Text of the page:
|   | 
Détails
   web
Enregistrements
Auteur CORMON, X.; LOOTS, C.; VAZ, S.; VERMARD, Y.; MARCHAL, P.
Titre Spatial interactions between saithe (Pollachius virens) and hake (Merluccius merluccius) in the North Sea Type Article scientifique
Année 2014 Publication Revue Abrégée Ices Journal Of Marine Science
Volume 71 Numéro 6 Pages 1342-1355
Mots-Clés biotic interactions; competition; Generalized linear models; Hake; North sea; overlap; predator-prey relationship; saithe; species distribution modelling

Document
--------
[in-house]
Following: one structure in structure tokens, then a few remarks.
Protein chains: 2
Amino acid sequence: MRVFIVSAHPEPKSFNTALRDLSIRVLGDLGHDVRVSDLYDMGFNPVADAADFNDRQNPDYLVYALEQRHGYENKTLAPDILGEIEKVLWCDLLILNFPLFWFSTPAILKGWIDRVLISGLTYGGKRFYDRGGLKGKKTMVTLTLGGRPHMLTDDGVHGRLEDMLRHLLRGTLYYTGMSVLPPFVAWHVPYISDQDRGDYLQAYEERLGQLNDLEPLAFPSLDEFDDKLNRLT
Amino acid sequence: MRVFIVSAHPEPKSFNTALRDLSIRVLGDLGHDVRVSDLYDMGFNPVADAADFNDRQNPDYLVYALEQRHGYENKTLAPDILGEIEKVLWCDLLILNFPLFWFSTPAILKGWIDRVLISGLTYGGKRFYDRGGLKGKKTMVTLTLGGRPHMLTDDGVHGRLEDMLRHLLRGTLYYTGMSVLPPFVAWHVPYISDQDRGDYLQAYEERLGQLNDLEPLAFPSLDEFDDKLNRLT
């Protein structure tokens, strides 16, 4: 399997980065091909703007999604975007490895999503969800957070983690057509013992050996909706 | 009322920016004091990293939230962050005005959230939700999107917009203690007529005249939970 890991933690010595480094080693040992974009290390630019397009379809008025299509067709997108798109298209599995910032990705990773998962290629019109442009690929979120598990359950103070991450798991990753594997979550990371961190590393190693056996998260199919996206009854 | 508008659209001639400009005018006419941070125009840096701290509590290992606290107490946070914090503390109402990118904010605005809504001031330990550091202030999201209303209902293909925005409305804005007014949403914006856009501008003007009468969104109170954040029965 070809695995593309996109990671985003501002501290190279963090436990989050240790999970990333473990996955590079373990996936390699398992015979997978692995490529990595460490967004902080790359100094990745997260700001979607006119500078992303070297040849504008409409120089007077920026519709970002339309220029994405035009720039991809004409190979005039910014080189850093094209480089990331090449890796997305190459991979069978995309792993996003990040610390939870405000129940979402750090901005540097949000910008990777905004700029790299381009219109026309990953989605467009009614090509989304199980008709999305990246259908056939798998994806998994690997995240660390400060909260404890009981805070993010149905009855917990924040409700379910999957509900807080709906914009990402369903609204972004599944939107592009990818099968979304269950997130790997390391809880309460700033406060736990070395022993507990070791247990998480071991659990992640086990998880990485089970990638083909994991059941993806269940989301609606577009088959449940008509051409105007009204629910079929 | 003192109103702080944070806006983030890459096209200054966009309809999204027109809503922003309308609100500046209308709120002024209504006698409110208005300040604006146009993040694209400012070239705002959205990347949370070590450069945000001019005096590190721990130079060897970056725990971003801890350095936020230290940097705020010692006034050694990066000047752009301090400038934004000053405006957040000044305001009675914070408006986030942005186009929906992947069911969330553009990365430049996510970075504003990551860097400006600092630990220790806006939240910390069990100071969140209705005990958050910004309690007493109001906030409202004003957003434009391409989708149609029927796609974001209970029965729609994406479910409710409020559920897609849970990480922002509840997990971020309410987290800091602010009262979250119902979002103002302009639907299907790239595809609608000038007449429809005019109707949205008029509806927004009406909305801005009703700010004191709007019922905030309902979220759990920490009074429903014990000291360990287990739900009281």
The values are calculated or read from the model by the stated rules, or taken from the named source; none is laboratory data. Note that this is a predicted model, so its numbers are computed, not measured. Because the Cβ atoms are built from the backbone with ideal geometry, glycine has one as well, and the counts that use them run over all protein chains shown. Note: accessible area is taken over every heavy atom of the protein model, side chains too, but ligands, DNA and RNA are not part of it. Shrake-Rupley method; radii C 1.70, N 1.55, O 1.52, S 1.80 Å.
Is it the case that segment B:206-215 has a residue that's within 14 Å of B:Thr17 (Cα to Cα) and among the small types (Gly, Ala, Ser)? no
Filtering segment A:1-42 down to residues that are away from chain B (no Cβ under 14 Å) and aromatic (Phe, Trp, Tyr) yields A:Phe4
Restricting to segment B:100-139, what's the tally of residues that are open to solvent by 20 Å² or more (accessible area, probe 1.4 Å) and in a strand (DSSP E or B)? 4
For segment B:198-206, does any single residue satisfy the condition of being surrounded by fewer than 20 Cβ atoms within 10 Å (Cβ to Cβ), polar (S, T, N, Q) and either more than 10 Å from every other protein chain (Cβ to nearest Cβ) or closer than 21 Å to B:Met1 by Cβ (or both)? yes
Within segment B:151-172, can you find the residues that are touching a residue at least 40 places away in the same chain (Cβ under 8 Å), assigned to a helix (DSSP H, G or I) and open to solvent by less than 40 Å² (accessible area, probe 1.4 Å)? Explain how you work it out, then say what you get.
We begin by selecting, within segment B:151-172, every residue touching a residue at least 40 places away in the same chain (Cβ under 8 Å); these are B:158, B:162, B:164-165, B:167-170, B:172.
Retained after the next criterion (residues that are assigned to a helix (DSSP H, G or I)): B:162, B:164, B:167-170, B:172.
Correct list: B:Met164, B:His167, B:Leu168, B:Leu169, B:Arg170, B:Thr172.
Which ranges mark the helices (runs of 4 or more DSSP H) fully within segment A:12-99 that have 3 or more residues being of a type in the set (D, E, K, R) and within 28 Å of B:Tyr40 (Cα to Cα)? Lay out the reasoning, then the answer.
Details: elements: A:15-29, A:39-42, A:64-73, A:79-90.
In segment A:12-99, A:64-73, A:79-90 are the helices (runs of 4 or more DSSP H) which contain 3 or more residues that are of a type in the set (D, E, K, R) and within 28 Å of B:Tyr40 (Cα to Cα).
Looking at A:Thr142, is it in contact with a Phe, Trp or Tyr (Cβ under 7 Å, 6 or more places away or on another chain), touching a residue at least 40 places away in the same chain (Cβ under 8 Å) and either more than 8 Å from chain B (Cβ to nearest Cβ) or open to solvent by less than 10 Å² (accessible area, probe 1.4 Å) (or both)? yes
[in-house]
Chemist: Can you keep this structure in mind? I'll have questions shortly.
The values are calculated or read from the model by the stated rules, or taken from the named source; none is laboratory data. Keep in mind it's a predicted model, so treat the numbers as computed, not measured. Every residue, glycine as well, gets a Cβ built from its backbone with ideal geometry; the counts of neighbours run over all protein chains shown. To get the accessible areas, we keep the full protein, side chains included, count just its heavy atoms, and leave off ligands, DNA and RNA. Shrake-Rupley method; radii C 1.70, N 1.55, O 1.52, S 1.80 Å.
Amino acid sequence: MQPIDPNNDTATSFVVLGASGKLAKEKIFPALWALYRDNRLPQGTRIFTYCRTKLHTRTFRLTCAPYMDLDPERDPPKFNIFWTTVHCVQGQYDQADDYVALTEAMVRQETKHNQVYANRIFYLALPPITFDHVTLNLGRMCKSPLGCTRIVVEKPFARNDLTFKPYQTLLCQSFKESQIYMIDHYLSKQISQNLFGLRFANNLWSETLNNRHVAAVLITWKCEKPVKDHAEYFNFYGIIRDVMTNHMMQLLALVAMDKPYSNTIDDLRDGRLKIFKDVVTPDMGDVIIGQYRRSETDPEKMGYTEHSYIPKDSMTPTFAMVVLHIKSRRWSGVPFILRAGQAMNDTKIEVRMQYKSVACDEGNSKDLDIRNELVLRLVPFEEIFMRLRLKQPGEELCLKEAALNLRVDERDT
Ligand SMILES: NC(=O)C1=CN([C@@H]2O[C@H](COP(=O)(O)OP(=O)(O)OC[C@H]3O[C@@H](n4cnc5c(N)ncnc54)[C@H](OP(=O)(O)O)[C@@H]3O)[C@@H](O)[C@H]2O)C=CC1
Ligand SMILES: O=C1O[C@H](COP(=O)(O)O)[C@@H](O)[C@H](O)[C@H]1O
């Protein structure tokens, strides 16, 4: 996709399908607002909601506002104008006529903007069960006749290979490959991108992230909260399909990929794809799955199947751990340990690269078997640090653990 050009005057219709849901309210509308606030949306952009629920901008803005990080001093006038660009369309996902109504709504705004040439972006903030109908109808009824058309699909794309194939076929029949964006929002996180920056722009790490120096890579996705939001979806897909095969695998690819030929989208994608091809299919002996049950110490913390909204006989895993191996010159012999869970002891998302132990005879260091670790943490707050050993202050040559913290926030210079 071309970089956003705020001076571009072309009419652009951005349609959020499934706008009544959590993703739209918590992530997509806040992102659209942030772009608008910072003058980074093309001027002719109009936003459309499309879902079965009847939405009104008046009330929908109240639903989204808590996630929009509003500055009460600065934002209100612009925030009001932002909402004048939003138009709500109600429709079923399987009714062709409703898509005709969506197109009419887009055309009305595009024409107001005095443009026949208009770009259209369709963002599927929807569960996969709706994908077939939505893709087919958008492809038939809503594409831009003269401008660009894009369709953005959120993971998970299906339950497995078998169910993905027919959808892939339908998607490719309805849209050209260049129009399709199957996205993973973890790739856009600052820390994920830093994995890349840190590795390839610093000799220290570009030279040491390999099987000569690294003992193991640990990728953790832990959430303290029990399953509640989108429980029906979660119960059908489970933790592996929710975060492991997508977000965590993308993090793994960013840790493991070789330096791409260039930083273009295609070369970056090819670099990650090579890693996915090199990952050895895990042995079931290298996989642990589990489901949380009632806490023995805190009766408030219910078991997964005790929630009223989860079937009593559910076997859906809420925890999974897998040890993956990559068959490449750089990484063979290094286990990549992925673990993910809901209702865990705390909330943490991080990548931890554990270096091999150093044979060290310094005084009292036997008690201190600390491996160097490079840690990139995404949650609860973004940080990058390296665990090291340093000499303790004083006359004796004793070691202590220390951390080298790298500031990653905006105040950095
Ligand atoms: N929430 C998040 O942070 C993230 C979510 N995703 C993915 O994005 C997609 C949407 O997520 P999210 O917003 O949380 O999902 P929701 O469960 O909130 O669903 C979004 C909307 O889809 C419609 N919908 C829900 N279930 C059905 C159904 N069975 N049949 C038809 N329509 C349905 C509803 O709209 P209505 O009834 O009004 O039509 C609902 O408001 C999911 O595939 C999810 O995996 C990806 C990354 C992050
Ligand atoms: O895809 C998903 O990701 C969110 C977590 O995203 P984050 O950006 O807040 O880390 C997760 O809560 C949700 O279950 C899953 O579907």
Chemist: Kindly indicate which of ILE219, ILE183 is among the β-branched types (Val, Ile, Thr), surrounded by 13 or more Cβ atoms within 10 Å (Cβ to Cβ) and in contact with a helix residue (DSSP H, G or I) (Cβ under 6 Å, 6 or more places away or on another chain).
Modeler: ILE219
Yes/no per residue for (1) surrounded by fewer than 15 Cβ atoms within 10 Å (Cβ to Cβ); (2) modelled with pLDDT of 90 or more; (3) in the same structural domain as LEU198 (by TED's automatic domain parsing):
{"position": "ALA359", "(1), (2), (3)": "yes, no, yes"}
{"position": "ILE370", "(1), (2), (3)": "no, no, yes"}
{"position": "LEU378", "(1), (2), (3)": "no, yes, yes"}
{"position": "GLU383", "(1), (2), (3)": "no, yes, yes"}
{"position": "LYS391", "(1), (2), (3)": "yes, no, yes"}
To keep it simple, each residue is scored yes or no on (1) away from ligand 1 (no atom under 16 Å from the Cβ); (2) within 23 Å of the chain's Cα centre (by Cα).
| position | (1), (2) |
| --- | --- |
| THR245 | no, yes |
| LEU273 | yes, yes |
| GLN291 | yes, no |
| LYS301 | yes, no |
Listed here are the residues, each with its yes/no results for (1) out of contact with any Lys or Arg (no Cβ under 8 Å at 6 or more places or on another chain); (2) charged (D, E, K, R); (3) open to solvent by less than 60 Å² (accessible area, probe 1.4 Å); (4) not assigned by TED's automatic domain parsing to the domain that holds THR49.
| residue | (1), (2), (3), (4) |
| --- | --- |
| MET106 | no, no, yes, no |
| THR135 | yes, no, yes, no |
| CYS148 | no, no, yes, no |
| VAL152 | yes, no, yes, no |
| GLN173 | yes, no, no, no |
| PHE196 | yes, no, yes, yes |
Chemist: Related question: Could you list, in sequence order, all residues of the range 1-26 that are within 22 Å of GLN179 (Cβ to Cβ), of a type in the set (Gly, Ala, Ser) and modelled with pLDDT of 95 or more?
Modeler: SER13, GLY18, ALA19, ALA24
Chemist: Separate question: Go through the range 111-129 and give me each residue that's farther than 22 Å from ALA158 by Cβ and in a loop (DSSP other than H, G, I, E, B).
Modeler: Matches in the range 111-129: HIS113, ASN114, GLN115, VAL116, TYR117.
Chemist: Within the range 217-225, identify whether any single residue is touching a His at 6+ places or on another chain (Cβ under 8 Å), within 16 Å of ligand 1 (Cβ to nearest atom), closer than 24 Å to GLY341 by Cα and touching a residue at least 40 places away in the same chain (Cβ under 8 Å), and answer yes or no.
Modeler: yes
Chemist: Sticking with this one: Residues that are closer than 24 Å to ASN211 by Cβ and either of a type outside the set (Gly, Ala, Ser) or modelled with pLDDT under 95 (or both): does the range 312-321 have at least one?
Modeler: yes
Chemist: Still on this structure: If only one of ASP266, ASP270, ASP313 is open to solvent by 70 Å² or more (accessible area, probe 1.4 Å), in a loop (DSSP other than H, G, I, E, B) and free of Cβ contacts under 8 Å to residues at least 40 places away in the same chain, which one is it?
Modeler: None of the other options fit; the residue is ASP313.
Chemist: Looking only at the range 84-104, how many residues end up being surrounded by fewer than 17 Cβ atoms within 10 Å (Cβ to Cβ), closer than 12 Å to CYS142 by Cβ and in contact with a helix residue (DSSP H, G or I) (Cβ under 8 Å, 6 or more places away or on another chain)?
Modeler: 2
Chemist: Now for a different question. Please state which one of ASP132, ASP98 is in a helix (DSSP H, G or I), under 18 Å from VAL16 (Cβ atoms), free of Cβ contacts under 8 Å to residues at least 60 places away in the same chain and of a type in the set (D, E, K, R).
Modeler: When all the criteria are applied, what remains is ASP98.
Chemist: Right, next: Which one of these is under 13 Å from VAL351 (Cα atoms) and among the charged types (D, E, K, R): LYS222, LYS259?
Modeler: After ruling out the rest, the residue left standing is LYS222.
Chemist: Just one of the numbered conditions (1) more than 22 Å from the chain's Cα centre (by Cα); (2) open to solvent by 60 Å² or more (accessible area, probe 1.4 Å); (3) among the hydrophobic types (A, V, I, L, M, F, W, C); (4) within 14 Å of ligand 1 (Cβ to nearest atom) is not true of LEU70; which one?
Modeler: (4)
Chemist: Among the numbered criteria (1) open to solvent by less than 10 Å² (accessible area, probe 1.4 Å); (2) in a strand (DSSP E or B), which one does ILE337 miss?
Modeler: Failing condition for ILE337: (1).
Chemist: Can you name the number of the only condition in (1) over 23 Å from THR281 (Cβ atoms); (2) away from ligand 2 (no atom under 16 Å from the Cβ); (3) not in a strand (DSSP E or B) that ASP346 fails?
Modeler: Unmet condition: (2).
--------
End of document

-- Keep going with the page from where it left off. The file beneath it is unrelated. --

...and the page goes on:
Résumé Spatial interactions between saithe (Pollachius virens) and hake (Merluccius merluccius) were investigated in the North Sea. Saithe is a well-established species in the North Sea, while occurrence of the less common hake has recently increased in the area. Spatial dynamics of these two species and their potential spatial interactions were explored using binomial generalized linear models (GLM) applied to the International Bottom Trawl Survey (IBTS) data from 1991 to 2012. Models included different types of variables: (i) abiotic variables including sediment types, temperature, and bathymetry; (ii) biotic variables including potential competitors and potential preys presence; and (iii) spatial variables. The models were reduced and used to predict and map probable habitats of saithe, hake but also, for the first time in the North Sea, the distribution of the spatial overlap between these two species. Changes in distribution patterns of these two species and of their overlap were also investigated by comparing species' presence and overlap probabilities predicted over an early (1991–1996) and a late period (2007–2012). The results show an increase in the probability over time of the overlap between saithe and hake along with an expansion towards the southwest and Scottish waters. These shifts follow trends observed in temperature data and might be indirectly induced by climate changes. Saithe, hake, and their overlap are positively influenced by potential preys and/or competitors, which confirms spatial co-occurrence of the species concerned and leads to the questions of predator–prey relationships and competition. Finally, the present study provides robust predictions concerning the spatial distribution of saithe, hake, and of their overlap in the North Sea, which may be of interest for fishery managers.